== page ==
Selective hypothermic perfusion of canine brain

Neurosurgery. 1996 Jun;38(6):1211-5. doi: 10.1097/00006123-199606000-00032.


A method for selective brain cooling by profound hemodilution with cold Ringer's lactate solution was previously reported in 1992. We recently modified this technique by combining it with an ultrafiltration and rewarming circuit between the left jugular vein and the inferior vena cava. We used 12 beagle dogs to study the efficacy of selective cerebral hypothermia induced by this modified technique. The brain temperature decreased to 28 degrees C within 5.4 +/- 2.7 minutes and to 20 degrees C within 15.5 +/- 9.4 minutes. The lowest brain and rectal temperatures were 17.0 +/- 1.8 degrees C and 32.1 +/- 2.2 degrees C, respectively. All animals survived in good condition without evidence of neurological deficits until they were killed at 10 weeks. Histological examination of the brains with 2,3,5-triphenyltetrazolim chloride demonstrated no evidence of ischemic lesions, and even in the hippocampus, there was no evidence of ischemic neuronal damage.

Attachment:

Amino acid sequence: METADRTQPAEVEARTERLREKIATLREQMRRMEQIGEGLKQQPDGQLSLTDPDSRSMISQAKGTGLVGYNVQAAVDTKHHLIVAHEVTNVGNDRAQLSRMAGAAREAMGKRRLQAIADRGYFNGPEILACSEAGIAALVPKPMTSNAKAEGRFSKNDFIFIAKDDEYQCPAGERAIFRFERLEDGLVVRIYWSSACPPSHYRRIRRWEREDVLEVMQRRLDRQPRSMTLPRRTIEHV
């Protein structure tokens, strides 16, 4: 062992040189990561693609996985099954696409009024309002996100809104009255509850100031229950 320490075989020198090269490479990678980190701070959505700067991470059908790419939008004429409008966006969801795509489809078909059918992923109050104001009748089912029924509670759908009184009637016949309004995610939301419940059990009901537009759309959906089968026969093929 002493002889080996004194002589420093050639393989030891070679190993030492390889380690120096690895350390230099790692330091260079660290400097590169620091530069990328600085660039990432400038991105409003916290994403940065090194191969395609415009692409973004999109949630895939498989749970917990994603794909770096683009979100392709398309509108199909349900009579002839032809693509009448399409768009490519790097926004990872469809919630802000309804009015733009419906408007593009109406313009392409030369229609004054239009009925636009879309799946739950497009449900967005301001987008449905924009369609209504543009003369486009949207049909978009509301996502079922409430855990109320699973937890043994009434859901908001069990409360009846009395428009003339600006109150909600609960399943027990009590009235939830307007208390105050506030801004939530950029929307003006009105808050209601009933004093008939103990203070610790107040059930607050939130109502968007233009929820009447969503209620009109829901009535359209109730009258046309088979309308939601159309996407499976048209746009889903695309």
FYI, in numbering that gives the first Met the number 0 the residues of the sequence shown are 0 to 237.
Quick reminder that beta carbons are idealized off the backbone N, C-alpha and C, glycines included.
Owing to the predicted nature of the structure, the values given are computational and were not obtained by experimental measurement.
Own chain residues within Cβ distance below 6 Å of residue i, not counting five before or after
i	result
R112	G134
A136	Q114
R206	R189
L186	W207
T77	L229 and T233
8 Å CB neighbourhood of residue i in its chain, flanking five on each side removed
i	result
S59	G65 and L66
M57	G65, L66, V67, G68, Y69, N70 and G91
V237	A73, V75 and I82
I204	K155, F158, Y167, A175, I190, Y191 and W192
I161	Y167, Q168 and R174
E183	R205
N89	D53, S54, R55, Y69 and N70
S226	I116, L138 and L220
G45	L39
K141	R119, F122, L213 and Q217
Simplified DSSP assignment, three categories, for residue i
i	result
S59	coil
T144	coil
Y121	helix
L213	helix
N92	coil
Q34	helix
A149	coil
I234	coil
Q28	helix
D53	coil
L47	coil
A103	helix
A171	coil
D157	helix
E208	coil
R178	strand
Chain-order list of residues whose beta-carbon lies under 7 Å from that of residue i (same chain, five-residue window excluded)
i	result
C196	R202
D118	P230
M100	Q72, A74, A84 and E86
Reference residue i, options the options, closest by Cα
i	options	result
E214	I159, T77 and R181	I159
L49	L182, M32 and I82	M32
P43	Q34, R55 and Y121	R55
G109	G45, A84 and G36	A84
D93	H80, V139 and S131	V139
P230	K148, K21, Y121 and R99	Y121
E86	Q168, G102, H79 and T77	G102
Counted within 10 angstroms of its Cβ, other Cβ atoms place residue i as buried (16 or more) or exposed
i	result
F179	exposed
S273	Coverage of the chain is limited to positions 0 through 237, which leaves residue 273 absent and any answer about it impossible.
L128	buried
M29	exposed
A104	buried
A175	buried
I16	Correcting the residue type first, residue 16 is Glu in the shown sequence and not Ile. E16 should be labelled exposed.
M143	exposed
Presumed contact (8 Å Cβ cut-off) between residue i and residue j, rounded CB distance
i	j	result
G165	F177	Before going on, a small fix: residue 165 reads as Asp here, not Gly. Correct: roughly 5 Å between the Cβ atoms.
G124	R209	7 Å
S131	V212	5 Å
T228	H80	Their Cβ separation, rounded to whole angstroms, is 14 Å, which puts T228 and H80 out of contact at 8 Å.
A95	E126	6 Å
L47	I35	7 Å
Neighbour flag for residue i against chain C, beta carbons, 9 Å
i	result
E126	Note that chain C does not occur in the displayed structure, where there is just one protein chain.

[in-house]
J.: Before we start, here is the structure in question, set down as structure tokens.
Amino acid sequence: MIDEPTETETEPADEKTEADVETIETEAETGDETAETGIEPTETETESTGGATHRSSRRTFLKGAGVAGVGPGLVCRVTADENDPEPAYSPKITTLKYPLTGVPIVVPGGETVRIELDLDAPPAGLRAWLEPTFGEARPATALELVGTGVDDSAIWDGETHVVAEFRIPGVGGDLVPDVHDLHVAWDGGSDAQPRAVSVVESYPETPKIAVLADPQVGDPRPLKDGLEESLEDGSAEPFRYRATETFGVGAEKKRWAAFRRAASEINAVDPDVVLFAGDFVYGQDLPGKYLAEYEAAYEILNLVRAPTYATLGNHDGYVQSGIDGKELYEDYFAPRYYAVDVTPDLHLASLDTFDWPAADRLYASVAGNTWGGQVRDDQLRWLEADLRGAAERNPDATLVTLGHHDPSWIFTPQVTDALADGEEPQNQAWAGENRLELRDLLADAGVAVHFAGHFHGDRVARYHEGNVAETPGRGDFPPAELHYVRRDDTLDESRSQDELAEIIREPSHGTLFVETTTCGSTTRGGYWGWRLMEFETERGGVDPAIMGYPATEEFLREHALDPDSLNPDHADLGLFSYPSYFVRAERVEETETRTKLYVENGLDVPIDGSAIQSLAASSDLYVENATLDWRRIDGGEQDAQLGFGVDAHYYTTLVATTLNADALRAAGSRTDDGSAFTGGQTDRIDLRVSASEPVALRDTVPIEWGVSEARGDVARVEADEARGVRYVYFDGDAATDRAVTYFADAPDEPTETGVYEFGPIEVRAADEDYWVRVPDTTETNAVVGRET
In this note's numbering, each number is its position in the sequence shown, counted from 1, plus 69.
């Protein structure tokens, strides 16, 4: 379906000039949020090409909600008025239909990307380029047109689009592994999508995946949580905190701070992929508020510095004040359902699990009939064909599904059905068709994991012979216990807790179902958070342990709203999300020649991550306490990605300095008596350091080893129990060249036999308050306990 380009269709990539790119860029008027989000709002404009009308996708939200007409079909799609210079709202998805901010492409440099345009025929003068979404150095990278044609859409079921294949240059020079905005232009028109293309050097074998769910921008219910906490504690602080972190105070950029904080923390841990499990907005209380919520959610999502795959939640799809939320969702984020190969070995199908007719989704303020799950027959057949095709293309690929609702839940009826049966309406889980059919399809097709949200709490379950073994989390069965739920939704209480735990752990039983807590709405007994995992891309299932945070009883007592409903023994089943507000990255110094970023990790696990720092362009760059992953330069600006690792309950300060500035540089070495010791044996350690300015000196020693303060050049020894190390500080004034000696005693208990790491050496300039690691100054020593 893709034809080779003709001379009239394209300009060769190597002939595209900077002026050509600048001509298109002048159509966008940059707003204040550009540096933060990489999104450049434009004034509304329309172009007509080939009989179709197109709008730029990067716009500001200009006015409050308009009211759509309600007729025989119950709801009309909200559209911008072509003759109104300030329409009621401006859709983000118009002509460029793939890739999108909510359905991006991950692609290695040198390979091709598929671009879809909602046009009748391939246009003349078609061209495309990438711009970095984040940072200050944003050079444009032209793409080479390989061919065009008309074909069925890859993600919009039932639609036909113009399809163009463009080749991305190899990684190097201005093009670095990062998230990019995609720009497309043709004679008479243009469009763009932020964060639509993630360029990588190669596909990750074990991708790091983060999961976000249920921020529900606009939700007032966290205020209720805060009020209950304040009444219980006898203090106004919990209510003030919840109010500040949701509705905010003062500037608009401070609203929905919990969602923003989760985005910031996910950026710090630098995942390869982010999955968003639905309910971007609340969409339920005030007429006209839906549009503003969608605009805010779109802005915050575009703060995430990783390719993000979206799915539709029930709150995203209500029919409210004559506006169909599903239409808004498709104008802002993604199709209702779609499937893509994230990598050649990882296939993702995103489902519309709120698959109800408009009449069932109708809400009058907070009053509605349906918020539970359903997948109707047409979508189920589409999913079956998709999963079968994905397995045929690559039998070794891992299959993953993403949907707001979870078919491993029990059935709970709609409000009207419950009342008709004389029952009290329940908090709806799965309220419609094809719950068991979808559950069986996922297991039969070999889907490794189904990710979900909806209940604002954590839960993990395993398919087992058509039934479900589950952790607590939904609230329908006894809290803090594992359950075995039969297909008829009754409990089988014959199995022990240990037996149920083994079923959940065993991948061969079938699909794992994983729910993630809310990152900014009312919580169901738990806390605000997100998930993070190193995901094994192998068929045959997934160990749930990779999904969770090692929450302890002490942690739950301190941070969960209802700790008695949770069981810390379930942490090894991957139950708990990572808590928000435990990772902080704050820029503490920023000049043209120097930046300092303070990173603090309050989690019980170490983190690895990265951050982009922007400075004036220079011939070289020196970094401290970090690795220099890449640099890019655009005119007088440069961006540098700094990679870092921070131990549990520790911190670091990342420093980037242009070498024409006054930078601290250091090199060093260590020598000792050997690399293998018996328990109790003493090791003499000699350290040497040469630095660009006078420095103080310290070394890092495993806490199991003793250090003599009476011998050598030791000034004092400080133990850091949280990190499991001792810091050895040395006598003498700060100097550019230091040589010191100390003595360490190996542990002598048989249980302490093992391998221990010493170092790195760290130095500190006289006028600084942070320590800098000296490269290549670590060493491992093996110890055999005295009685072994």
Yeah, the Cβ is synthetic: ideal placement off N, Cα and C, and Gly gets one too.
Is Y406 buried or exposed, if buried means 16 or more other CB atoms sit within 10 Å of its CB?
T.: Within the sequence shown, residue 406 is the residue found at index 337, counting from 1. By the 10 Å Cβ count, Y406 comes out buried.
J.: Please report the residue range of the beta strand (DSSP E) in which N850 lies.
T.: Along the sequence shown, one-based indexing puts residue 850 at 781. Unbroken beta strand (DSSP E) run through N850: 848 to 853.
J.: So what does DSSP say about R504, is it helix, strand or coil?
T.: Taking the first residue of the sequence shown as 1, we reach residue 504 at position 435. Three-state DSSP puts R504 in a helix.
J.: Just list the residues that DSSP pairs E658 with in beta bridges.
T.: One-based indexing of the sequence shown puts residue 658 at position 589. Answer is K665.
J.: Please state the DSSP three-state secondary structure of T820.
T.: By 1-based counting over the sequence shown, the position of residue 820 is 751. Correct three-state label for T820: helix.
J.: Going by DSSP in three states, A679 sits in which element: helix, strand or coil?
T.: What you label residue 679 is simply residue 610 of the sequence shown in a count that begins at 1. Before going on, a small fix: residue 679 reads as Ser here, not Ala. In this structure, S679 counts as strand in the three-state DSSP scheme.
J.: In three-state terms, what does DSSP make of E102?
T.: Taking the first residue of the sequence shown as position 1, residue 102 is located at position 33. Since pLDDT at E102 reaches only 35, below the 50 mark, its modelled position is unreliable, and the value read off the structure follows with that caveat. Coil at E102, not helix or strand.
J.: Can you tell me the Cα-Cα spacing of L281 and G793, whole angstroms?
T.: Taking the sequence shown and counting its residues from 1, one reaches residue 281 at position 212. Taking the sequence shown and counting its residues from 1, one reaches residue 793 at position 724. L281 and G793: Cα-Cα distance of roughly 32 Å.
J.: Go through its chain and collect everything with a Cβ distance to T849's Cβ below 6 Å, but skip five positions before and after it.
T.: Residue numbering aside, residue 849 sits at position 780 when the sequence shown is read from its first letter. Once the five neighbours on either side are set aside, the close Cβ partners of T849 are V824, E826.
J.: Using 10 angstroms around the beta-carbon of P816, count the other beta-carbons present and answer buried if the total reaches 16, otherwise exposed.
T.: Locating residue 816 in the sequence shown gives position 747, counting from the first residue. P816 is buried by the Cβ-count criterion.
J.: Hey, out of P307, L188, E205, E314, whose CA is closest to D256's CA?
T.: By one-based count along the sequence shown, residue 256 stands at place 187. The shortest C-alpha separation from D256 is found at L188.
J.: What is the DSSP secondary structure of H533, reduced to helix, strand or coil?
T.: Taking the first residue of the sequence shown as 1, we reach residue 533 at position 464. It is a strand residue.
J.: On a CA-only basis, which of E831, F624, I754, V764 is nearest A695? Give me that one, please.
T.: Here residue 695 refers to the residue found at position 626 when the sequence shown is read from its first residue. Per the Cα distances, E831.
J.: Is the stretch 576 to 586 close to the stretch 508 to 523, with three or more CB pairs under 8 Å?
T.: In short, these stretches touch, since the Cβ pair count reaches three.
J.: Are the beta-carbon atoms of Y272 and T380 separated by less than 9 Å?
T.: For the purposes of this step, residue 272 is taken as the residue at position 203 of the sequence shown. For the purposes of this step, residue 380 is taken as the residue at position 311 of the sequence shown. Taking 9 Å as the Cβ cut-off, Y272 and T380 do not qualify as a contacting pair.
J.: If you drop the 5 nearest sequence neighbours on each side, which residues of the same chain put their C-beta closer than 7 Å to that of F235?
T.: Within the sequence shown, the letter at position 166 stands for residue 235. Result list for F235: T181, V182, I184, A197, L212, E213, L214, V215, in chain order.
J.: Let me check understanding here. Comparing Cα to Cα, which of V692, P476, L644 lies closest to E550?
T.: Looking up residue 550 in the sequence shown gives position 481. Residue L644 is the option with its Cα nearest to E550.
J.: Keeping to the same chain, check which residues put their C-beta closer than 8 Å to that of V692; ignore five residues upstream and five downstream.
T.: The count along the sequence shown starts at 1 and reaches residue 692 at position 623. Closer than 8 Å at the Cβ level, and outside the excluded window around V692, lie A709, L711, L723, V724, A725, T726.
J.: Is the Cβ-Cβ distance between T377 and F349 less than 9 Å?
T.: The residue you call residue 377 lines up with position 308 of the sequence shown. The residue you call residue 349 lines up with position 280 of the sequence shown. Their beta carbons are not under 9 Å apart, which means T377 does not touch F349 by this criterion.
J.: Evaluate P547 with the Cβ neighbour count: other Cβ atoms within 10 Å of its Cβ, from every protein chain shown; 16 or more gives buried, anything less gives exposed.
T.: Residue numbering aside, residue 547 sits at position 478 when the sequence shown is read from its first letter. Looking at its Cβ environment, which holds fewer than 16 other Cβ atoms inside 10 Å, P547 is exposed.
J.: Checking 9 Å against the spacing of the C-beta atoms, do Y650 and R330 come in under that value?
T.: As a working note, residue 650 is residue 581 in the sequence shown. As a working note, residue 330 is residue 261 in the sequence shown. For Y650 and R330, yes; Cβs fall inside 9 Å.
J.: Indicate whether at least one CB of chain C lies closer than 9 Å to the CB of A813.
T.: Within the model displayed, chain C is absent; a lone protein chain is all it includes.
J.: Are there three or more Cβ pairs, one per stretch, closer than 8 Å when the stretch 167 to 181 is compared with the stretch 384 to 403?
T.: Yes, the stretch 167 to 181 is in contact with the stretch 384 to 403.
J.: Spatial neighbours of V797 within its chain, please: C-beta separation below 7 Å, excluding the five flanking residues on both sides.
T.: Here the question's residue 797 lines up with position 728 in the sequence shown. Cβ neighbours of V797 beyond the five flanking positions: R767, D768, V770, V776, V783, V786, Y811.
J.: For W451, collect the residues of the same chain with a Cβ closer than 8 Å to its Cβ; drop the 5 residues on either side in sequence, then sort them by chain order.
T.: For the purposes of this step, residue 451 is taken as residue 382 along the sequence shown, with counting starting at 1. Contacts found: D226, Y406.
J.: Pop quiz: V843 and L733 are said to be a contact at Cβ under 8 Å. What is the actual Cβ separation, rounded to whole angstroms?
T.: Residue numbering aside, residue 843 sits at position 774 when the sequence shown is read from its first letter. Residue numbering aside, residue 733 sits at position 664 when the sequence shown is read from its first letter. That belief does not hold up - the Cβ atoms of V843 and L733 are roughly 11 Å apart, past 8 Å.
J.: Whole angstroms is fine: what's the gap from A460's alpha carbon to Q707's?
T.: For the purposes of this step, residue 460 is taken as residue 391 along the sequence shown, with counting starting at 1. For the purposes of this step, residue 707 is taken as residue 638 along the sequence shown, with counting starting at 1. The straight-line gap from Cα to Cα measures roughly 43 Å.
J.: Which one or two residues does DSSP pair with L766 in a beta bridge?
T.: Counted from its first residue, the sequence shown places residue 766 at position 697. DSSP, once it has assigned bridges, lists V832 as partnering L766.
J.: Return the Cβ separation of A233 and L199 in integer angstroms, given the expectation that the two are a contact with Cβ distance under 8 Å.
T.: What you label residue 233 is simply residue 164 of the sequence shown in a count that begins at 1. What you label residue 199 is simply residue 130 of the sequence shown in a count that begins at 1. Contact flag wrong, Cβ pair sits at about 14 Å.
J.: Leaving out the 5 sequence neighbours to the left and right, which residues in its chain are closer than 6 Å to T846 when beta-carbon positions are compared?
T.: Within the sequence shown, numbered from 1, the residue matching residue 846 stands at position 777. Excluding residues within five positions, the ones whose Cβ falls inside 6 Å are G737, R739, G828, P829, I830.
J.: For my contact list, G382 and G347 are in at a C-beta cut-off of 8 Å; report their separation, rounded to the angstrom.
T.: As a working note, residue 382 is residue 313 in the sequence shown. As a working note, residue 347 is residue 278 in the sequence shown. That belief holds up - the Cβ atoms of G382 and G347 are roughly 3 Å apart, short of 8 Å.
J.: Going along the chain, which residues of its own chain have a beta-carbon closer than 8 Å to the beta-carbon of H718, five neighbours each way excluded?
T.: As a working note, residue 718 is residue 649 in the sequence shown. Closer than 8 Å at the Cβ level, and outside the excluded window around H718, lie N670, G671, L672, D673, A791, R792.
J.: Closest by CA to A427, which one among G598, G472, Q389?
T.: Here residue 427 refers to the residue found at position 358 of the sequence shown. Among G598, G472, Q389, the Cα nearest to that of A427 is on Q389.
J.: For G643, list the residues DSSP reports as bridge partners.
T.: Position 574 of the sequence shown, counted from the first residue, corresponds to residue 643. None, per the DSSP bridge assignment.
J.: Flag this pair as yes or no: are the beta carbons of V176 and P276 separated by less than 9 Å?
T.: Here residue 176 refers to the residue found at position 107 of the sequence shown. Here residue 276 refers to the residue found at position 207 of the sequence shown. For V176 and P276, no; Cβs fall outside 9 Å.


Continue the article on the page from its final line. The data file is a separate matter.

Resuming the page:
MeSH terms

  • Animals
  • Brain / blood supply*
  • Dogs
  • Equipment Design
  • Hemodilution / instrumentation*
  • Hypothermia, Induced / instrumentation*
  • Isotonic Solutions
  • Jugular Veins
  • Neurologic Examination
  • Ringer's Lactate
  • Treatment Outcome
  • Ultrafiltration / instrumentation*
  • Vena Cava, Inferior


  • Isotonic Solutions
  • Ringer's Lactate